67. Sirault XRR, James RA, Furbank RT (2009) A new screening method for osmotic component of salinity tolerance in cereals using infrared thermography. Funct Plant Biol 36:970–977Google Scholar
  68. Sirault X, Fripp J, Paproki A, et al (2013) PlantScan™: a three-dimensional phenotyping platform for capturing the structural dynamic of plant development and growth. In: nternational Conference on Functional-Structural Plant Model, pp 45–48Google Scholar
  69. Skirycz A, Vandenbroucke K, Clauw P et al (2011) Survival and growth of Arabidopsis plants given limited water are not equal. Nat Biotechnol 29:212–214PubMedGoogle Scholar
  70. Slovak R, Goschl C, Su X et al (2014) A scalable open-source pipeline for large-scale root phenotyping of Arabidopsis. Plant Cell 26:2390–2403PubMedPubMedCentralGoogle Scholar
  71. Smith CM, Clement SL (2012) Molecular bases of plant resistance to arthropods. Annu Rev Entomol 57:309–328PubMedGoogle Scholar
  72. Symonova O, Topp CN, Edelsbrunner H (2015) DynamicRoots: a software platform for the reconstruction and analysis of growing plant roots. PLoS ONE 10:1–15Google Scholar
  73. Tardieu F, Cabrera-Bosquet L, Pridmore T, Bennett M (2017) Plant phenomics, from sensors to knowledge. Curr Biol 27:R770–R783PubMedGoogle Scholar
  74. Thurau T, Ye W, Cai D (2009) Insect and nematode resistance. Biotechnol Agric For 64:177–197Google Scholar
  75. Tisné S, Serrand Y, Bach L et al (2013) Phenoscope: an automated large-scale phenotyping platform offering high spatial homogeneity. Plant J 74:534–544PubMedGoogle Scholar
  76. Vadez V, Kholová J, Hummel G et al (2015) LeasyScan: a novel concept combining 3D imaging and lysimetry for high-throughput phenotyping of traits controlling plant water budget. J Exp Bot 66:5581–5593PubMedPubMedCentralGoogle Scholar
  77. Vance CP, Uhde-Stone C, Allan DL (2003) Phosphorus acquisition and use: critical adaptations by plants for securing a nonrenewable resource. New Phytol 157:423–447Google Scholar
  78. Vigneau N, Ecarnot M, Rabatel G, Roumet P (2011) Potential of field hyperspectral imaging as a non destructive method to assess leaf nitrogen content in wheat. Field Crop Res 122:25–31Google Scholar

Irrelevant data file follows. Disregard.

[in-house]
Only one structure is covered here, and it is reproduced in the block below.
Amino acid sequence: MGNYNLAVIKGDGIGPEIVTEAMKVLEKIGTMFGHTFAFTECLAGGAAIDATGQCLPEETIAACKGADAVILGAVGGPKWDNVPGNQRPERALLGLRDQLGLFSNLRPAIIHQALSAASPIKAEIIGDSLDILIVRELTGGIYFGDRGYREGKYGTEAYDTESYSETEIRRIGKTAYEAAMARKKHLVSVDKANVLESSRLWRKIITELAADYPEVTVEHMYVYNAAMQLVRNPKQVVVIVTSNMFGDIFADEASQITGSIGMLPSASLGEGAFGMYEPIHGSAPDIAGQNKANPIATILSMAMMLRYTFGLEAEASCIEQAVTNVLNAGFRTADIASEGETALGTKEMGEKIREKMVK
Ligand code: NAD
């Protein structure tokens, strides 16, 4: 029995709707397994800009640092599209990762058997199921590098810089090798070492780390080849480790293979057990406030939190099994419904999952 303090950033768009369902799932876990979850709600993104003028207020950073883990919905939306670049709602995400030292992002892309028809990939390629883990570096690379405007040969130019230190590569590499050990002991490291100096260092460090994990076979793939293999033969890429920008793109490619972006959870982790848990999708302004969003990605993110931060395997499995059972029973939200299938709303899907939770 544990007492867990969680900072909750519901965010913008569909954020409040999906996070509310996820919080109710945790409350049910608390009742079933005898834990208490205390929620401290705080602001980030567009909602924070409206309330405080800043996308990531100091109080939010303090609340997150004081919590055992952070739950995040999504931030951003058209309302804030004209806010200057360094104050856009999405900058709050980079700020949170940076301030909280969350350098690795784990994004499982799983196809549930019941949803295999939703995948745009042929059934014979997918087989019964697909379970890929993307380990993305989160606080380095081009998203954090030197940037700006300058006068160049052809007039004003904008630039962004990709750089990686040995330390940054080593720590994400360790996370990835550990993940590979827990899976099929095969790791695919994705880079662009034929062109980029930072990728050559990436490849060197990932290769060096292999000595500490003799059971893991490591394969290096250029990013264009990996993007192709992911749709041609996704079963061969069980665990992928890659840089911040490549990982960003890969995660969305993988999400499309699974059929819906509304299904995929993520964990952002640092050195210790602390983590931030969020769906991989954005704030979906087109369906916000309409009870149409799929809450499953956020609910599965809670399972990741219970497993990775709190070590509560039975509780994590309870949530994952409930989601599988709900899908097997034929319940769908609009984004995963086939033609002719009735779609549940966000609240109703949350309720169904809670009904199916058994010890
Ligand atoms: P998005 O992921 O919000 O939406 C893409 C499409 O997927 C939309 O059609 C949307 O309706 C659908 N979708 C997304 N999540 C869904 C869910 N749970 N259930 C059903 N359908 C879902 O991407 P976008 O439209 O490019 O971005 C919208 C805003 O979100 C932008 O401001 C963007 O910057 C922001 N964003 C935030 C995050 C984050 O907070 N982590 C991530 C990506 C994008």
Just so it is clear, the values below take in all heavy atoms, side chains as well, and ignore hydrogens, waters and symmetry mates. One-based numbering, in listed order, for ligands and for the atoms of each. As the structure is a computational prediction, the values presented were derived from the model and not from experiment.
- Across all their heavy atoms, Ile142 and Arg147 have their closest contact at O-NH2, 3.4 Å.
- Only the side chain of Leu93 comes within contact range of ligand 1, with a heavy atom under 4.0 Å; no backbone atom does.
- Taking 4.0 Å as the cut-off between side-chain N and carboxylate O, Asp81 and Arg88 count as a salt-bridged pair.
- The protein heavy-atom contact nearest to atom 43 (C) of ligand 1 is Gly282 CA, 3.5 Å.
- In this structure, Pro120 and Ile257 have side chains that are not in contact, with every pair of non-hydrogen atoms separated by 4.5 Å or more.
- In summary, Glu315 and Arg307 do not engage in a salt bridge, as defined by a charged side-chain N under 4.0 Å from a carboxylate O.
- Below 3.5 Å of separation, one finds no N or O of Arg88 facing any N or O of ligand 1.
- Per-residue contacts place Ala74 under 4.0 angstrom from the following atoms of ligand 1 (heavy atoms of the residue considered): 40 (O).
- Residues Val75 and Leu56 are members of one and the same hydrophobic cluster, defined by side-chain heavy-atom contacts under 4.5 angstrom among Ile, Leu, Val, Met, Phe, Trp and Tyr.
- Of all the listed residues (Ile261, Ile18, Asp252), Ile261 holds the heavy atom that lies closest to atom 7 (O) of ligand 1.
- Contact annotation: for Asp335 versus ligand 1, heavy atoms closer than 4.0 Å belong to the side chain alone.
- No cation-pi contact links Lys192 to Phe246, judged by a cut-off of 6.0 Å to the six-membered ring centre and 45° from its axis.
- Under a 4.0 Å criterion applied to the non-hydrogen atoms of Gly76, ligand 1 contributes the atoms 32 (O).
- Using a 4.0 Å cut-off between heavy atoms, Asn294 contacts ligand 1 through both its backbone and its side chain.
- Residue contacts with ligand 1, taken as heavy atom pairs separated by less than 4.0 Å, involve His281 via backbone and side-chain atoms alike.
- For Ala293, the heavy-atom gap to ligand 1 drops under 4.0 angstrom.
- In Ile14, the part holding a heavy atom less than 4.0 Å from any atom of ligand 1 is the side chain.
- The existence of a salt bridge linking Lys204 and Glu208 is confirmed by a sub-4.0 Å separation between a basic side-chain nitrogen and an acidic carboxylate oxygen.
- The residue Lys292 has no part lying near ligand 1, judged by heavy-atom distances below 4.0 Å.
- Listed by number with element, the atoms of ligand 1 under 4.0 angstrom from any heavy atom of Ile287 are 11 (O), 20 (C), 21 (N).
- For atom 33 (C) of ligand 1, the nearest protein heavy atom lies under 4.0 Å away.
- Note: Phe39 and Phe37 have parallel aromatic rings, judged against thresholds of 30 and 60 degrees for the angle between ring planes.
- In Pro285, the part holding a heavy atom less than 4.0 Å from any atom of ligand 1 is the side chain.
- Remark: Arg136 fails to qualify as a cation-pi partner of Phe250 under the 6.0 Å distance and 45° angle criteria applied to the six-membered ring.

79. Wahabzada M, Mahlein AK, Bauckhage C et al (2015) Metro maps of plant disease dynamics-automated mining of differences using hyperspectral images. PLoS ONE 10:1–21Google Scholar
  80. Walter A, Scharr H, Gilmer F et al (2007) Dynamics of seedling growth acclimation towards altered light conditions can be quantified via GROWSCREEN: a setup and procedure designed for rapid optical phenotyping of different plant species. New Phytol 174:447–455PubMedGoogle Scholar
  81. Wang W, Vinocur B, Altman A (2003) Plant responses to drought, salinity and extreme temperatures: towards genetic engineering for stress tolerance. Planta 218:1–14PubMedGoogle Scholar
  82. Wetterich CB, Kumar R, Sankaran S et al (2013) A comparative study on application of computer vision and fluorescence imaging spectroscopy for detection of citrus huanglongbing disease in USA and Brazil. J Spectrosc 2013:1–6Google Scholar
  83. Wu DK, Xie CY (2008) Cheng-Wei M (2008) The SVM classification leafminer-infected leaves based on fractal dimension. IEEE Int Conf Cybern Intell Syst CIS 2008:147–151Google Scholar
  84. Yang W, Guo Z, Huang C et al (2014) Combining high-throughput phenotyping and genome-wide association studies to reveal natural genetic variation in rice. Nat Commun 5:1–9Google Scholar

Copyright information

© Springer Nature B.V. 2018

Authors and Affiliations

  1. 1.Arkansas Biosciences InstituteArkansas State UniversityState UniversityUSA
  2. 2.Plant Phenomics FacilityArkansas State UniversityState UniversityUSA
  3. 3.Department of Chemistry and PhysicsArkansas State UniversityJonesboroUSA

Personalised recommendations